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Rohit Gupta, who has an educational background in Chemical Engineering and describes himself as “a cosmologist who is interested in connections between physics and number theory”, is conducting an online workshop called KNK103 which is going to be a long mathematical expedition in which anyone can participate but for a fee of $100 to attempt solve the Riemann Hypothesis, proposed over 150 years ago and is one of the seven Millennium Prize Problems. Read the article here. Will this attempt at massively collaborative mathematics work? Gowers does mention this case in particular in the blog posted below:
“Now I don’t believe that this approach to problem solving is likely to be good for everything. For example, it seems highly unlikely that one could persuade lots of people to share good ideas about the Riemann hypothesis. At the other end of the scale, it seems unlikely that anybody would bother to contribute to the solution of a very minor and specialized problem. Nevertheless, I think there is a middle ground that might well be worth exploring…”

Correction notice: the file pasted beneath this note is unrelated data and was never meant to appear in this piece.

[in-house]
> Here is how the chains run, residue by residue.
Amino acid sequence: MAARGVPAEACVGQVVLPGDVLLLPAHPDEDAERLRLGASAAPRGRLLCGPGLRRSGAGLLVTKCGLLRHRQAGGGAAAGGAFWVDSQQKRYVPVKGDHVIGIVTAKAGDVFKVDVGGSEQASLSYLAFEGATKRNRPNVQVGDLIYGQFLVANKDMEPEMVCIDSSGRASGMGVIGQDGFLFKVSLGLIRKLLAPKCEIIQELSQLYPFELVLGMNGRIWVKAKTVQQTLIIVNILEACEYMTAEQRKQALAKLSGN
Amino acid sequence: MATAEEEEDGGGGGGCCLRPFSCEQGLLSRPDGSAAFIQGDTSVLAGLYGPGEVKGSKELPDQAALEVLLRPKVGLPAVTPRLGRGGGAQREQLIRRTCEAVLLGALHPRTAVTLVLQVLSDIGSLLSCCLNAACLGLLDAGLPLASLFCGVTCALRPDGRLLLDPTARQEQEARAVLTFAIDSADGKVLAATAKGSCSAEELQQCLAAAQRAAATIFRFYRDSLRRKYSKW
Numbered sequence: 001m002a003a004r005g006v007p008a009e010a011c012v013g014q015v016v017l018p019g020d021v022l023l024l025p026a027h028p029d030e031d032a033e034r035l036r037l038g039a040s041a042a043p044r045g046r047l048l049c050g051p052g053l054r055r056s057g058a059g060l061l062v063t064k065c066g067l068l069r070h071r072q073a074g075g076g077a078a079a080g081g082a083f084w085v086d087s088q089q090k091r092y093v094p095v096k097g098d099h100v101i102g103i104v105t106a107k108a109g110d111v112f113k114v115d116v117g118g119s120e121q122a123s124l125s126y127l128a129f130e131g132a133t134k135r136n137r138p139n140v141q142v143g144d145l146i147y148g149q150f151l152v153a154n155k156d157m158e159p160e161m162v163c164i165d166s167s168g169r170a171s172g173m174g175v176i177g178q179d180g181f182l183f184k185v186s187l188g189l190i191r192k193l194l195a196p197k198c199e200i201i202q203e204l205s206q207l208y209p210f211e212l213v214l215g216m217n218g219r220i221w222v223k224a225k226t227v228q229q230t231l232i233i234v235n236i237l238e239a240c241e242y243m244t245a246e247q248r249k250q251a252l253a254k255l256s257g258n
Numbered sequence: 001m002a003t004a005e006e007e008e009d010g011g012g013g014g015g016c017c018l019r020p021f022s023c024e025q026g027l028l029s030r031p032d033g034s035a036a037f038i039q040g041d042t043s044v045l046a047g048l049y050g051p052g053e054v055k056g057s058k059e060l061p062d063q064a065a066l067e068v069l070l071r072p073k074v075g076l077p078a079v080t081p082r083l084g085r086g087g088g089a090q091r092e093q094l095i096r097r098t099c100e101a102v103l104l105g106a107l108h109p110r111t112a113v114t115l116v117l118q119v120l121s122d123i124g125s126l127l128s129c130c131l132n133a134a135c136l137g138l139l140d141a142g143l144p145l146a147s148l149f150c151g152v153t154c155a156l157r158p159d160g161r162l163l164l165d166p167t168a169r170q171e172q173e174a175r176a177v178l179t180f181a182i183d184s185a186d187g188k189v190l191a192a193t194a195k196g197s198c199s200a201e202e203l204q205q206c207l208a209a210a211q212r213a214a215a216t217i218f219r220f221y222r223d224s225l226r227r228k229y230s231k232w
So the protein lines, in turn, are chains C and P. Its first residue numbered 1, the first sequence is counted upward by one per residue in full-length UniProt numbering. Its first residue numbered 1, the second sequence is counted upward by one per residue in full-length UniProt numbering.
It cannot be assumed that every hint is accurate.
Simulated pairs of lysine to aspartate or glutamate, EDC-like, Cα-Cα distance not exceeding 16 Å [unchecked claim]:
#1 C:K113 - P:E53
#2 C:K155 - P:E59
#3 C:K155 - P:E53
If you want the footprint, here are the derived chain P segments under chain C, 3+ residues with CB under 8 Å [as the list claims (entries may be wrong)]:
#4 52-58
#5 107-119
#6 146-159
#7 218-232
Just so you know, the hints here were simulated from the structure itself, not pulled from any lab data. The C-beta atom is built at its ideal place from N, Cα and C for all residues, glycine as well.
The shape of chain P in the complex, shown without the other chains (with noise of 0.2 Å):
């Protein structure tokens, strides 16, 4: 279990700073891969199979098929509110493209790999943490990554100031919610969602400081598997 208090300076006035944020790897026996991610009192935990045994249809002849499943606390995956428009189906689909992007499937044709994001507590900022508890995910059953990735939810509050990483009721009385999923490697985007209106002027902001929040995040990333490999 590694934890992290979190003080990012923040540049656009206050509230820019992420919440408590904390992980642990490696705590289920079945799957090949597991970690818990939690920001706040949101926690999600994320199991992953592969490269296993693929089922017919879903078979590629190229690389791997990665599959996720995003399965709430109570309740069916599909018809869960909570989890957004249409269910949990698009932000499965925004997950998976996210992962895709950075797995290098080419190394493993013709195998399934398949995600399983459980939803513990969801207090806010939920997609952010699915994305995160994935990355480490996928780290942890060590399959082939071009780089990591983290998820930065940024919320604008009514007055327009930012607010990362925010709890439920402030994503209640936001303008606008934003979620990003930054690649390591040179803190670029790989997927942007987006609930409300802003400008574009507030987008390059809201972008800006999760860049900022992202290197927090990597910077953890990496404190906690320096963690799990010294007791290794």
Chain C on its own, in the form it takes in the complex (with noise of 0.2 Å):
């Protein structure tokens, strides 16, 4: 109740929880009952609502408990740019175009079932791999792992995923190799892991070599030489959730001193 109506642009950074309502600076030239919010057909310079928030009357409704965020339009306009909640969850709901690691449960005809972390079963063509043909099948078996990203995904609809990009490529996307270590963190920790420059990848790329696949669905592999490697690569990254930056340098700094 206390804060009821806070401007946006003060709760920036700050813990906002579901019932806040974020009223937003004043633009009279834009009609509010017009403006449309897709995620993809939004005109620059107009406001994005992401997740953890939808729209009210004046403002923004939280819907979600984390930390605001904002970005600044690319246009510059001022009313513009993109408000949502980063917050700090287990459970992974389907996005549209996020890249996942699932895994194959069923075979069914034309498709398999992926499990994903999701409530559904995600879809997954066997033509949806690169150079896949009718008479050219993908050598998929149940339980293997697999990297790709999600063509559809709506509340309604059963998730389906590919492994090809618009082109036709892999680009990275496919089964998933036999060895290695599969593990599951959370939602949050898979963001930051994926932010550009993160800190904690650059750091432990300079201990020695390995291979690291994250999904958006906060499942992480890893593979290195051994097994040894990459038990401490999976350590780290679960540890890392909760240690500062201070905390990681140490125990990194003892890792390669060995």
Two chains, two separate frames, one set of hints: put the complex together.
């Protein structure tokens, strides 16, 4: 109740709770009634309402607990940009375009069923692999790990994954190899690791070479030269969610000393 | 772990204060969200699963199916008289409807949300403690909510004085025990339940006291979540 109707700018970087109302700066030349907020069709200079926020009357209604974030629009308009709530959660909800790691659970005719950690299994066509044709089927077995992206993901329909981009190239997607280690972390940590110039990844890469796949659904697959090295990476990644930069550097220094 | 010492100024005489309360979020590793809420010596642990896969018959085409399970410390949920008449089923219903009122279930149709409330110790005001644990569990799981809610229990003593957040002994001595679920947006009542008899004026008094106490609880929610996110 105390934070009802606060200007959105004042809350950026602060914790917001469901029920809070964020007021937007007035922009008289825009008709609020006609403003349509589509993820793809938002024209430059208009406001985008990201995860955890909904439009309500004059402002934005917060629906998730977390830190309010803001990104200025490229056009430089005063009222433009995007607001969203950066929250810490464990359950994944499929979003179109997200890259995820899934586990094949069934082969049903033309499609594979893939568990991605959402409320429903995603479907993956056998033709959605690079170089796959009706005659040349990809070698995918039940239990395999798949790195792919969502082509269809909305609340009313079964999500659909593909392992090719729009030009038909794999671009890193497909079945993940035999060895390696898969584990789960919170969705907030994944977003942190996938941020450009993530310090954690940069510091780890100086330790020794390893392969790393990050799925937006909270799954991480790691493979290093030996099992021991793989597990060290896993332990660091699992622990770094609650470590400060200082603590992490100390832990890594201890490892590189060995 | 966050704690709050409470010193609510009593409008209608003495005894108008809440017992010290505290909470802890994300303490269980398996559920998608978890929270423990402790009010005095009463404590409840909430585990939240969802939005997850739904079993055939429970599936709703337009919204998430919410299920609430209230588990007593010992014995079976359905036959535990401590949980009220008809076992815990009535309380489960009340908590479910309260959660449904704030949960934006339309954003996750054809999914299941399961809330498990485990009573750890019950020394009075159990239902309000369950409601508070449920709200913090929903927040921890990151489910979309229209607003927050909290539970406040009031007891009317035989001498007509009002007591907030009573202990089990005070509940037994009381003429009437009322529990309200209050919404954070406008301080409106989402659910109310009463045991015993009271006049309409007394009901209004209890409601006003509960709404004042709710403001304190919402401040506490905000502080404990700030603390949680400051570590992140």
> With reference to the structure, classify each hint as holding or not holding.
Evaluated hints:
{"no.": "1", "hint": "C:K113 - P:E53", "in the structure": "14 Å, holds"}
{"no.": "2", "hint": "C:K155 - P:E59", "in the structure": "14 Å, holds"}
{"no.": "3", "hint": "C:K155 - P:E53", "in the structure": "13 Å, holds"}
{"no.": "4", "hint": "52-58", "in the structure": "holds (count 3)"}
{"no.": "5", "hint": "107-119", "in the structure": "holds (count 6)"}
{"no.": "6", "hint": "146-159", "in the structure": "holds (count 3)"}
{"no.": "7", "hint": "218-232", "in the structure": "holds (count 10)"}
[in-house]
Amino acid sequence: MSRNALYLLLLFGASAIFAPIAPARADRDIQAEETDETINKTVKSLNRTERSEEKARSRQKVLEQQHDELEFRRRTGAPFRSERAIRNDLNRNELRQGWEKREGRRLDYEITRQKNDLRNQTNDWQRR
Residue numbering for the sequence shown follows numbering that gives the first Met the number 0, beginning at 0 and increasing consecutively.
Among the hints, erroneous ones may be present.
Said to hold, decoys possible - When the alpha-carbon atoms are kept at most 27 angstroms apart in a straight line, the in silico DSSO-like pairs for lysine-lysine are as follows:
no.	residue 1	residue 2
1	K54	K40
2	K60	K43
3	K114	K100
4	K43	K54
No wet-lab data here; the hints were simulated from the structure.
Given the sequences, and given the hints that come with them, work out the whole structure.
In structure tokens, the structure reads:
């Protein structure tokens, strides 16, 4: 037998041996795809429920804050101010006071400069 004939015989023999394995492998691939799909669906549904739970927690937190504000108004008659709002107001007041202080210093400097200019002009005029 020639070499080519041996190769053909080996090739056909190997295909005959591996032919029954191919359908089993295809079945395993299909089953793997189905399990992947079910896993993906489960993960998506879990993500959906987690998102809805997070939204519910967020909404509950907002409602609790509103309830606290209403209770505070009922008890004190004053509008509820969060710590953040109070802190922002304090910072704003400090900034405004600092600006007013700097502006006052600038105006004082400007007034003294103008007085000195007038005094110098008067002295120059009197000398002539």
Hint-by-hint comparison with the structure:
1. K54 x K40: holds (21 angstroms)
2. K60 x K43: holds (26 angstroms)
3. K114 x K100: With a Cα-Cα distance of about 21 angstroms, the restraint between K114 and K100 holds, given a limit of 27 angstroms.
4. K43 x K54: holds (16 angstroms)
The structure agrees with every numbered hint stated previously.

Gowers’ audience is of course professional mathematicians and that is who is referring to when he says “lots of people”. Gupta, however, is allowing non-mathematicians to participate. We will see if that $100 US will pay off. I for one won’t waste my money.
“In 2009, mathematician Timothy Gowers posed this question to the blogosphere: “Is massively collaborative mathematics possible?” He described an unsolved math problem and asked for help figuring it out. Over the next few hours and days, commenters began to pick at the problem together. They brought up incomplete ideas, which were expanded and incorporated into other peoples’ ideas, until Gowers posted 37 days later that the problem had (probably) been solved.”